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Where Africa and Technology Collide!

Tracking Mobile and Internet Services Across Africa

I’m continually frustrated trying to find the providers and costs of mobile phone and web services in African countries. This site was inspired by, and dedicated to, the many ranting and raving conversations amongst the technorati of Africa.

One of the issues is that the providers themselves do a shoddy job of getting the information out through convoluted (if any) marketing and price gimmicks. Another issue is that once you find out what services are available, you have no idea what to expect in terms of service levels and data speeds.

I decided to put together a site, African Signals, where people could leave information on the availability, costs and service levels of mobile phone and internet connections in their country. Right now there is a basic skeleton for every country, but it needs to be updated and improved.

Your Job:

Find your country and enter whatever you know about your local costs, speeds and service levels for mobile phone operators and internet service providers (ISPs).

Take 5 minutes and jump see if you can add anything new, or if the info is correct. Then, tell your tech friends from that country too, share this. It’s a resource, something for you to give to and to take from. It is strengthened by your information, and I hope that you in turn will benefit from it too one day.

Example pages

Liberia:

African Signals page for Liberia - mobile phone services

More good example pages, and a special thanks to:

[Note: Some might notice that I am repurposing a domain that I used to have a podcast on 2 years ago, but subsequently was abandoned.]

12 Comments

  1. Dude — I sure wish you had talked to me! In two weeks we are re-launching MobileActive.org and are including these data points in the new Mobile Country Data database:

    Off-Network Call Price for 1-minute local call during evening/weekeend; 2008; US$
    Off-Network Call Price for 1-minute local call during evening/weekeend; 2008; PPP$
    Off-Network Call Price for 1-minute local call during non-peak hours; 2008; US$
    Off-Network Call Price for 1-minute local call during non-peak hours; 2008; US$
    Off-Network Call Price for 1-minute local call during peak hours; 2008; US$
    Off-Network Call Price for 1-minute local call during peak hours; 2008; US$
    On-Network Call Price for 1-minute local call during evening/weekeend; 2008; US$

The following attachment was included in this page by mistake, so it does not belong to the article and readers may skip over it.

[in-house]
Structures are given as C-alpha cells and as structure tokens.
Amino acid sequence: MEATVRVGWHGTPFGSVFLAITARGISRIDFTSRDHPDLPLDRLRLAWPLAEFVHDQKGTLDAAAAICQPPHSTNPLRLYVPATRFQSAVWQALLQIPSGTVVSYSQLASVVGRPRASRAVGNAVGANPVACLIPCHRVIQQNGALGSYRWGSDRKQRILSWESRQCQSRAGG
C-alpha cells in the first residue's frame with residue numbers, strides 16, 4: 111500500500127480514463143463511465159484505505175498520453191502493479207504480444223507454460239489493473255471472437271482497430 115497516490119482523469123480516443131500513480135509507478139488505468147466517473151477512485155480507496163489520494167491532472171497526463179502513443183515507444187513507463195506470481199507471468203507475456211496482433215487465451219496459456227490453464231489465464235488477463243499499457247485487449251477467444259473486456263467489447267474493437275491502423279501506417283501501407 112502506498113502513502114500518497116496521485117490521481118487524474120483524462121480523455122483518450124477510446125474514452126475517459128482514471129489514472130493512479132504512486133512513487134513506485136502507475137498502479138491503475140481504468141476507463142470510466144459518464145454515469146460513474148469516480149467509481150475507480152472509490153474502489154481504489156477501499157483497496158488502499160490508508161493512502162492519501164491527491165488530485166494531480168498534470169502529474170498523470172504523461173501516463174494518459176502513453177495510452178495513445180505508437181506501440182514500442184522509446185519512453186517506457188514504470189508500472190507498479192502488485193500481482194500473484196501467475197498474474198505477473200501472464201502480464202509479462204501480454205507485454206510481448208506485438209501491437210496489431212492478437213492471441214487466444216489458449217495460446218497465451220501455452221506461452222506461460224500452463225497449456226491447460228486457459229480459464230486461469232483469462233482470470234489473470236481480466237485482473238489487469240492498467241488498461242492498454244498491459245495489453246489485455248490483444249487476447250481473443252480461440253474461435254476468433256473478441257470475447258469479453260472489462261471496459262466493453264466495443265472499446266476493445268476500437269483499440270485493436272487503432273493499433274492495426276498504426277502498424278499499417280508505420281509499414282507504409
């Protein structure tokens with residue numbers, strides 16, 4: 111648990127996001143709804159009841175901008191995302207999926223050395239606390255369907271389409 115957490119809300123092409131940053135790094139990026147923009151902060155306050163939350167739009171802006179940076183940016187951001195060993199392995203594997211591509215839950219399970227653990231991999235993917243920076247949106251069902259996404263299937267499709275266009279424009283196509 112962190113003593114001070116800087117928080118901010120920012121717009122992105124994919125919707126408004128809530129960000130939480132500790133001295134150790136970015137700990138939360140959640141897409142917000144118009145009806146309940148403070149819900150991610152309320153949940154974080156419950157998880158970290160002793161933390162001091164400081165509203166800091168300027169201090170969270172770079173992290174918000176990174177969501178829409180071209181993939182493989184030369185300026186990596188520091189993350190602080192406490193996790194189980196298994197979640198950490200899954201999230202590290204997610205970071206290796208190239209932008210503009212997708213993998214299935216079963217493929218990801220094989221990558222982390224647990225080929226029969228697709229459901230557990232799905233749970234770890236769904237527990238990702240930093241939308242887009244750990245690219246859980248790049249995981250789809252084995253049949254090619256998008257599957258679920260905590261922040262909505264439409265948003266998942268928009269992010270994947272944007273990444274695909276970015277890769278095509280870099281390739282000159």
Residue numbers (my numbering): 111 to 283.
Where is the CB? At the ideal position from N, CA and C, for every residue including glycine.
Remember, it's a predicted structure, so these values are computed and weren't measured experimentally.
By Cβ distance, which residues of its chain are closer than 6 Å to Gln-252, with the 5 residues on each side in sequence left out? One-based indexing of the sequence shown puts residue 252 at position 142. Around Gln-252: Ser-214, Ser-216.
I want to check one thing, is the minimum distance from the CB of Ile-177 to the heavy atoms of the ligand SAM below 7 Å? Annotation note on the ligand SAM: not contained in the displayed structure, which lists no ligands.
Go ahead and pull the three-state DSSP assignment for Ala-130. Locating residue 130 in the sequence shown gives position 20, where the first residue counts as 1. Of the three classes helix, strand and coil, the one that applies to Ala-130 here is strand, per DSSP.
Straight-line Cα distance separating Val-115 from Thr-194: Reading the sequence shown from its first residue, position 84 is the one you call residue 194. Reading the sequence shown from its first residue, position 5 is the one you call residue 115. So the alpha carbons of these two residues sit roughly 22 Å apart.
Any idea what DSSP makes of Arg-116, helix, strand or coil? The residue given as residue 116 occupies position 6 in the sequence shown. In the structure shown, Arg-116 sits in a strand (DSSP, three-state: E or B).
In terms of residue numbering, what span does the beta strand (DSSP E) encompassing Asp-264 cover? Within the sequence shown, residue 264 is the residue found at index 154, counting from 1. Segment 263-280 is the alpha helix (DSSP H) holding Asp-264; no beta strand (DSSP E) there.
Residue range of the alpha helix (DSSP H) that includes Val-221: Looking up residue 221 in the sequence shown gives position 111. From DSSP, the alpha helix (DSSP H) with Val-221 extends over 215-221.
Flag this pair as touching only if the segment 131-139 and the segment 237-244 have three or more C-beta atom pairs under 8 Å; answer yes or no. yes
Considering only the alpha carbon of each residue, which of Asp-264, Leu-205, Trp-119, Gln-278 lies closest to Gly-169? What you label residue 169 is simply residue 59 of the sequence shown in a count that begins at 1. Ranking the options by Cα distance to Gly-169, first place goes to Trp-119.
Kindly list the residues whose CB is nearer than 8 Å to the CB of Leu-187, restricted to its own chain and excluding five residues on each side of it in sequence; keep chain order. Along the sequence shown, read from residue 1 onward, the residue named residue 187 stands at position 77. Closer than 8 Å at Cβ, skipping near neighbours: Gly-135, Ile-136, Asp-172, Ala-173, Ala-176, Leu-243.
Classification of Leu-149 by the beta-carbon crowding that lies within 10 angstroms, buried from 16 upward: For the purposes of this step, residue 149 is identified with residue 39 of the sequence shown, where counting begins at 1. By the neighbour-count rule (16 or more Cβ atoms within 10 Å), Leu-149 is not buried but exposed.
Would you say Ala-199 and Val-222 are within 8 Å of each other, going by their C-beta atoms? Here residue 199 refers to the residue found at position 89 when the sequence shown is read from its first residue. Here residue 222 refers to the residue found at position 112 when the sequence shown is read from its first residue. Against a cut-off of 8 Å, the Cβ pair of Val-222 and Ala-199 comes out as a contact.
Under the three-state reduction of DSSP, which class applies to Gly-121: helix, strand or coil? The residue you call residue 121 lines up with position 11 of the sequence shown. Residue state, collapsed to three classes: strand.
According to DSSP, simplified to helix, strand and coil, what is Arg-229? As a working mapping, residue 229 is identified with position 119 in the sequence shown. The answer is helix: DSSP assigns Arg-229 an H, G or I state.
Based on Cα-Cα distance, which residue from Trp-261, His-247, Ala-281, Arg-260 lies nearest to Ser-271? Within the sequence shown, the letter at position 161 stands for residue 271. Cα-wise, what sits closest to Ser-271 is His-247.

On-Network Call Price for 1-minute local call during evening/weekeend; 2008; PPP$
    On-Network Call Price for 1-minute local call during non-peak hours; 2008; US$
    On-Network Call Price for 1-minute local call during non-peak hours; 2008; US$
    On-Network Call Price for 1-minute local call during peak hours; 2008; US$
    On-Network Call Price for 1-minute local call during peak hours; 2008; US$
    Call to a Fixed Line Price for 1-minute local call during evening/weekeend; 2008; US$
    Call Price for 1-minute local call to Landline during evening/weekeend; 2008; PPP$
    Call Price for 1-minute local call to LandLine during non-peak hours; 2008; US$
    Call Price for 1-minute local call to LandLine during non-peak hours; 2008; US$
    Call Price for 1-minute local call to LandLine during peak hours; 2008; US$
    Call Price for 1-minute local call to LandLine during peak hours; 2008; US$
    Price of 1 SMS in US $; 2007
    Price basket for mobile telephone service ($ a month); 2006
    Telephone mainlines (per 100 people); 2006
    Number of cell phones per 100 people; 2007
    Number of mobile BROADBAND subscribers per 100 people; 2007 Internet Bandwidth per User (bit/s); 2007
    Telecommunications investment (% of revenue); 2006 Telecommunications revenue (% of GDP); 2006

    and misc other data that is publicly available such as
    # Effective price per minute
    # ARPU (pre-paid/contract)
    # Subscriber acquisition costs per user
    # Total billed SMS events
    # SMS messages per user per month
    # mobile operators/1130 networks in 220 countries

    Let me know what other data might be needed and we try to get our hands on it.

    Katrin

  2. @katrin – that does look like a good data set. How are you getting the data and how are you keeping it updated?

  3. looks like the ITU data – unfortunately the major statistics I am interested in is Data costs per MB – on data plan or on off together with GPRS data coverage. When data is available on ‘pay as you go’ and is much lower than SMS then there are fundamental changes in the way people communicate.

  4. Hash / Katrin – great initiatives, we need a collaborative resource like this.